New scientific developments, including ancient DNA analysis and genome sequencing, found that there was no lactase persistence among early farmers during the Neolithic era, and raised questions about the moment when this genetic mutation took place, said Warinner.

“So this opens up a huge question, because medically we explain lactose tolerance on the basis of these mutations or adaptations,” said Warinner. “And yet for 4,000 years, people are dairying; they developed this whole food purposefully, and then they had no genetic basis to digest it. How does this work?”

It is a question that Warinner has tried to solve in her research. “I started to wonder if there might be alternative ways of adapting to a dairy-based diet that isn’t based on your own genome, but might be adapting through the use of microbes, whether that might be, for example, culinary microbes, and through fermentation, or by adapting your own gut microbiome to be able to facilitate and improve digestion.”

Warinner’s research took her to Mongolia, a country with a long history of dairying whose economy is still centered around it, and where local herders milk more species of livestock than anywhere else in the world.

Warinner’s five-year research effort included working with archeologists in Mongolia to reconstruct genomes of ancient Mongolians to see whether they showed signs of lactase persistence.

They found low lactase persistence, which is still the norm. They also studied local cattle and yak herders to analyze their gut microbiomes and compared them with those of residents in Ulaanbaatar, the capital city.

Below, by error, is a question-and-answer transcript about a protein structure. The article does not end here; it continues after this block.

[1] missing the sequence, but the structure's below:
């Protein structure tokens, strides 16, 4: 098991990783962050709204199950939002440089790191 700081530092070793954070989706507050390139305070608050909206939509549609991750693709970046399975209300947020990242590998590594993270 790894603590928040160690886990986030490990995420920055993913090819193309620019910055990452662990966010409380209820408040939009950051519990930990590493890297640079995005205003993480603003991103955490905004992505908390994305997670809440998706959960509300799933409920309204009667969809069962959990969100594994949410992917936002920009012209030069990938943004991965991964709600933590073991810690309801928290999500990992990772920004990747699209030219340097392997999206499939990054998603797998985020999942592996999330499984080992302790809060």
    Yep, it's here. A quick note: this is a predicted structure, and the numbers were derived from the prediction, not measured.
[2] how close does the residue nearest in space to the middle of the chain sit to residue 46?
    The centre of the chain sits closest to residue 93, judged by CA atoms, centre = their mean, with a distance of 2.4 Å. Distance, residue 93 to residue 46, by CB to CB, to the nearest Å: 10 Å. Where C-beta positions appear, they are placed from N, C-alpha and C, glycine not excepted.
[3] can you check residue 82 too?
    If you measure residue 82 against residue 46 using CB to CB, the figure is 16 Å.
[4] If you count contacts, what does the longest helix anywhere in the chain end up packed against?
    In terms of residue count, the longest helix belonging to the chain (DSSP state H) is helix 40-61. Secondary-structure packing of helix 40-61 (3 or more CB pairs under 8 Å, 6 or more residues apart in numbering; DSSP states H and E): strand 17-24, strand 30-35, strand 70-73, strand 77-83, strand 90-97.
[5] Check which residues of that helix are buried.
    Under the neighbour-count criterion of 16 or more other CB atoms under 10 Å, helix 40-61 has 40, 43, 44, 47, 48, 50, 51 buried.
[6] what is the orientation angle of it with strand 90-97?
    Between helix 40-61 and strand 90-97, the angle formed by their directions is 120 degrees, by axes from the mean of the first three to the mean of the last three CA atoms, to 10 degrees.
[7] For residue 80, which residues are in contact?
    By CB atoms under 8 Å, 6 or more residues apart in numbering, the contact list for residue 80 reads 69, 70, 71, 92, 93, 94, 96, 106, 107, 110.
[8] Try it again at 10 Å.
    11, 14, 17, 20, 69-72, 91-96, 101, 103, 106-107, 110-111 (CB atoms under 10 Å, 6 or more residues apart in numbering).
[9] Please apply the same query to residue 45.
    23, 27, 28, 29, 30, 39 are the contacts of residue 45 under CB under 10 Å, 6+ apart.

What they found was riveting, said Warinner. Their research was able to trace the history of dairying in Mongolia, which goes back 3,000 years. The analysis of hardened tooth plaque from human skeletons found in burial mounds revealed traces of milk proteins from cows, yaks, goats, and sheep.

When they analyzed lactose intolerance among herders and urban residents in Mongolia, they found that herders showed very few symptoms of lactose intolerance and low hydrogen presence. They also found that the herders’ gut microbiome showed a high volume of lactic acid bacteria, or probiotics, which may help digestion, as well as bifidobacteria, or healthy bacteria that are especially abundant in young infants and help metabolize lactose without producing any hydrogen, said Warinner.

During her talk, Warinner highlighted the way in which archaeology can help inform present-day issues or challenges, such as finding out the many ways in which humans developed dairy products and adapted to consuming milk and dairy products.

“There’s one trajectory, which is to alter the human genome, and we’ve seen this in a number of populations around the world, but an alternative pathway seems to alter the microbes that we interact with both through food and through our own gut microbiome,” said Warinner.

As for the questions guiding her next research, Warinner said, “What change caused the genetic adaptations that occurred in some populations? We don’t know what the trigger was for it, or why in Mongolia, even when it’s introduced, it was never selected for. Those are open questions that we hope to resolve.”